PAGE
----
Eckermann, A, Dowd, T, Chong, E, Nixon, L, Gray, R & Johnson, S. 2010, Binan Goonj: bridging cultures in Aboriginal health, 3rd edition, Elsevier, Sydney.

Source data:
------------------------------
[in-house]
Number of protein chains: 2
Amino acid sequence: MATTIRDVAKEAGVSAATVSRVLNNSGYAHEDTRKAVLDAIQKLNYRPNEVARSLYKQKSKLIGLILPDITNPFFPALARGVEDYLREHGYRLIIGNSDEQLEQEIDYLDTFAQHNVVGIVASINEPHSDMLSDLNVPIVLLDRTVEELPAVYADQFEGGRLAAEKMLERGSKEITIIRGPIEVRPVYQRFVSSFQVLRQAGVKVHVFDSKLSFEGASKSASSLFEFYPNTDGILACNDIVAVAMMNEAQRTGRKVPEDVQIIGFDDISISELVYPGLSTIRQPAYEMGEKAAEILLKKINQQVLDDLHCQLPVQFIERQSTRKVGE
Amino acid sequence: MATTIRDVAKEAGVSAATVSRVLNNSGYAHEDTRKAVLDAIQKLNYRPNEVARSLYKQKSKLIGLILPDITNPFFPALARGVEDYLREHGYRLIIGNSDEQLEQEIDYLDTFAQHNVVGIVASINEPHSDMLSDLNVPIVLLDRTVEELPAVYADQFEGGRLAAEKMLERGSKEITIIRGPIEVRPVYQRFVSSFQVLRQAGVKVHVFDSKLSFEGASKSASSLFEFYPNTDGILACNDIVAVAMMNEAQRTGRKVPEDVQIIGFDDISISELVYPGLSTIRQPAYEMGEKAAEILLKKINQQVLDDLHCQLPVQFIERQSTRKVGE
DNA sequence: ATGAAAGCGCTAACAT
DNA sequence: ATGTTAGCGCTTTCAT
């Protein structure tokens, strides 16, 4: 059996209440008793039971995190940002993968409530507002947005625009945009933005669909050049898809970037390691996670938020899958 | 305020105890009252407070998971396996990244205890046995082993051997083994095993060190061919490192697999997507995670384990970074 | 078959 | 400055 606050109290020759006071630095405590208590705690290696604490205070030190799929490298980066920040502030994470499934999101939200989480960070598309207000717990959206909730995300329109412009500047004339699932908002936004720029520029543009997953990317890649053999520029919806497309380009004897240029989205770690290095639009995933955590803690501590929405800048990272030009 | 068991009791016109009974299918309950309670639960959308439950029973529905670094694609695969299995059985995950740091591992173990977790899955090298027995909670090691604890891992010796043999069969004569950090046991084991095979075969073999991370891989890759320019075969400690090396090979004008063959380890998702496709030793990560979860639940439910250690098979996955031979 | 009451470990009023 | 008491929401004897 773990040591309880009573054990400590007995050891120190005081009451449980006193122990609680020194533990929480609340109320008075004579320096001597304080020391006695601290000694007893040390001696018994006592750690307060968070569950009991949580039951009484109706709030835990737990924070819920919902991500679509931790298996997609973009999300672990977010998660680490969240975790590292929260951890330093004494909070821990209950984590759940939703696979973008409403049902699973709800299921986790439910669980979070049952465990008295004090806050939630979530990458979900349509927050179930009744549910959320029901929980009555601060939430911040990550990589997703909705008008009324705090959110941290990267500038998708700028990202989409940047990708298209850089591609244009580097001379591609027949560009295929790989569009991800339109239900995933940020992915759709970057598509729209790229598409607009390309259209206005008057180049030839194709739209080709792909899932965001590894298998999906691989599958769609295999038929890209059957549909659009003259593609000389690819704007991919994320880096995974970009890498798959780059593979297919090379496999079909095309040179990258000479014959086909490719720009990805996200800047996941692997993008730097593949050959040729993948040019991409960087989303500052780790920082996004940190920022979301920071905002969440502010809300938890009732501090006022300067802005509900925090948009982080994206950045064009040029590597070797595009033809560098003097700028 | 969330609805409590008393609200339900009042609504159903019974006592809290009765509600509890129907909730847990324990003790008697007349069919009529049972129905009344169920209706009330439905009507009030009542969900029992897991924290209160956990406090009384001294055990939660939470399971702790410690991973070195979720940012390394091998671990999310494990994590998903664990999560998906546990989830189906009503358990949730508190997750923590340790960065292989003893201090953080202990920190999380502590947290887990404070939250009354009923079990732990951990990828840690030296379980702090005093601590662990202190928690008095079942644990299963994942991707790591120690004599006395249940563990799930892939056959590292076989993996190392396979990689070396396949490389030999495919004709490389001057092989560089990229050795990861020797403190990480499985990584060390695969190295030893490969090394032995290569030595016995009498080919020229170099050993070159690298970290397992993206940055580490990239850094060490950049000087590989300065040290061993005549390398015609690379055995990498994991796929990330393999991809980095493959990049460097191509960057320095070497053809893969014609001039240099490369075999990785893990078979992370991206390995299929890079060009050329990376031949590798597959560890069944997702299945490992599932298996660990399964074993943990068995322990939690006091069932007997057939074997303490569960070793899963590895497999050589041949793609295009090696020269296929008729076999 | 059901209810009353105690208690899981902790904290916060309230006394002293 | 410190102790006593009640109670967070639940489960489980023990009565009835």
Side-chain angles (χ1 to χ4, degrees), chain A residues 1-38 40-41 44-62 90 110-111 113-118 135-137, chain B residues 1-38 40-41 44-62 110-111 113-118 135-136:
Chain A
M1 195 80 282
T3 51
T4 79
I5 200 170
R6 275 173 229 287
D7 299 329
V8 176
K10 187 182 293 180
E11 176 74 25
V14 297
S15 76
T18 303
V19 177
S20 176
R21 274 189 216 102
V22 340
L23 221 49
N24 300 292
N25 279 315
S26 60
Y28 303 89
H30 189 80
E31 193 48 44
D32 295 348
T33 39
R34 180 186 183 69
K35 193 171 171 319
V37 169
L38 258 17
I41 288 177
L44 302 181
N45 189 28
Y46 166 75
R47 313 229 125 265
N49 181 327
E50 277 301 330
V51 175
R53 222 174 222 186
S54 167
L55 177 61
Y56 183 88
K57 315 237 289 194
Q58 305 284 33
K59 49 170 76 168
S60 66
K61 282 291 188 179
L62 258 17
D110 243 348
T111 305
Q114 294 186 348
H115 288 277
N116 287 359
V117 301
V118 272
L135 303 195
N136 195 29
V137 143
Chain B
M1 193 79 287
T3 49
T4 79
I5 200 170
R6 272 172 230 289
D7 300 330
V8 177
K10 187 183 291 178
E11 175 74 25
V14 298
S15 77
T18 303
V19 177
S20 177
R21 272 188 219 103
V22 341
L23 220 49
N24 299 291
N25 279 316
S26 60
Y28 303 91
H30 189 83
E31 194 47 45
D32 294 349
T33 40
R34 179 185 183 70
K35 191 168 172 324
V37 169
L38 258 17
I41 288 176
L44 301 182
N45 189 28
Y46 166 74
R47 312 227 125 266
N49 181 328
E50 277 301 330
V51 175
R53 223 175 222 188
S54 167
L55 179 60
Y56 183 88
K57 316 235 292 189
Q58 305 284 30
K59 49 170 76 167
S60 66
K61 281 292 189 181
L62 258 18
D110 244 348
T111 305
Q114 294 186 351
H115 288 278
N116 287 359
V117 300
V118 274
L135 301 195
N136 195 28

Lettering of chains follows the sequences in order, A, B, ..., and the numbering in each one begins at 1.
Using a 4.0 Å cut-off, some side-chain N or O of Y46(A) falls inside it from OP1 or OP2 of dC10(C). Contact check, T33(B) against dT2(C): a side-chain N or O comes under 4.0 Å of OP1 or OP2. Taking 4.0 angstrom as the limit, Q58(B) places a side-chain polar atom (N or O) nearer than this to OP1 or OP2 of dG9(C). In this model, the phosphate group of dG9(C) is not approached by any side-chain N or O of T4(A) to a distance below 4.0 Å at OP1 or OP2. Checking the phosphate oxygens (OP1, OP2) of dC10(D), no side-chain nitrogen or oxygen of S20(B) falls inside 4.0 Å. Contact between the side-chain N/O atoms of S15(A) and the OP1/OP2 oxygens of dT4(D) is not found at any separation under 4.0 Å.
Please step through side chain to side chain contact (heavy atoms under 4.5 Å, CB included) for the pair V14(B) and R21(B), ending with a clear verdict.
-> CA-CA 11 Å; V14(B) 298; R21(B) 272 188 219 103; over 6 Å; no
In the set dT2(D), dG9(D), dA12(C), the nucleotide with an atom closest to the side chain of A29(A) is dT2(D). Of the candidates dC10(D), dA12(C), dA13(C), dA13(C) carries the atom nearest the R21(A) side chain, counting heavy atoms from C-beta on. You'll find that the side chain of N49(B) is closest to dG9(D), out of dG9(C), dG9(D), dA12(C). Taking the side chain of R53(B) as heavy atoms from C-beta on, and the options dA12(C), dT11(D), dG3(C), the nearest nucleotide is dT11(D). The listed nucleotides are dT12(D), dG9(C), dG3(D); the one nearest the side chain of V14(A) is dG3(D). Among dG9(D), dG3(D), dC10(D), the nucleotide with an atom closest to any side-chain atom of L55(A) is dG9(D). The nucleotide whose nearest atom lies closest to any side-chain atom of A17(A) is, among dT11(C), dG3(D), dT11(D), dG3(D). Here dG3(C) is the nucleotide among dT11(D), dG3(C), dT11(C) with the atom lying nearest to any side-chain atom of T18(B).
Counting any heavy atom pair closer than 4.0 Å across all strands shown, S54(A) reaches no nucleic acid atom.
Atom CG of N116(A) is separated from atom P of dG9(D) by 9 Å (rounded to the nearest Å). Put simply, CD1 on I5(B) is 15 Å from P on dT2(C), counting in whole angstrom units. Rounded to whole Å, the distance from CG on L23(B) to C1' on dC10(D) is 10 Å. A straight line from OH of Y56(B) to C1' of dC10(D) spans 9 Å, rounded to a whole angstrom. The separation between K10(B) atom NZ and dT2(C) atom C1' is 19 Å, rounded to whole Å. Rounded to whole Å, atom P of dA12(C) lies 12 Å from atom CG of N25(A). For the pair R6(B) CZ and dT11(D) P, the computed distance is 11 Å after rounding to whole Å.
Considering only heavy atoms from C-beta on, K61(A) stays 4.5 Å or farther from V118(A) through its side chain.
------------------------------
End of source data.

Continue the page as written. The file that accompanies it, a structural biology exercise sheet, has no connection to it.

The reading from the above source has 2 different chapters which include cultural vitality and cultural shock. The majority of chapter 4 is interpreting the potential rules and regulations inside the Aboriginal community structure. The topic was raised from a very basic topic which is the decision making among families and communities in order to fulfil the "Reciprocity". The most critical argument in this chapter is “Various kinship networks had been argued as one of the biggest cause of ‘complex and intricate’”. This argument was based on the connection between family and community while the family has to make a decision maybe have negative influence on their family members. But these decisions were suggested by community. Such activities were identified as cultural vitality. Major components of cultural vitality in Aboriginal community include: spirituality and identity, national land right. The issues have been identified in this part of the book include: reflections and struggles according to various examples of cultural vitality. Chapter 5 is defining the cultural shock and relevant processes and implications. The critical components in the content can be concluded as the explanation of signs and symptoms of cultural shock and interpretation of the shocks in Aboriginal hospitalisation. The appearance of cultural shocks was caused by the differences between the national culture and its subcultures. The major types of shocks were classified into four degrees which are discomfort, confusion, uncertainty and distress. Furthermore, there are five different phases of emotional and psychosocial adjustments and adoptions can be used to interpret signs and symptoms of cultural shocks. These signs and symptoms might impact on six major stressors for Aboriginal...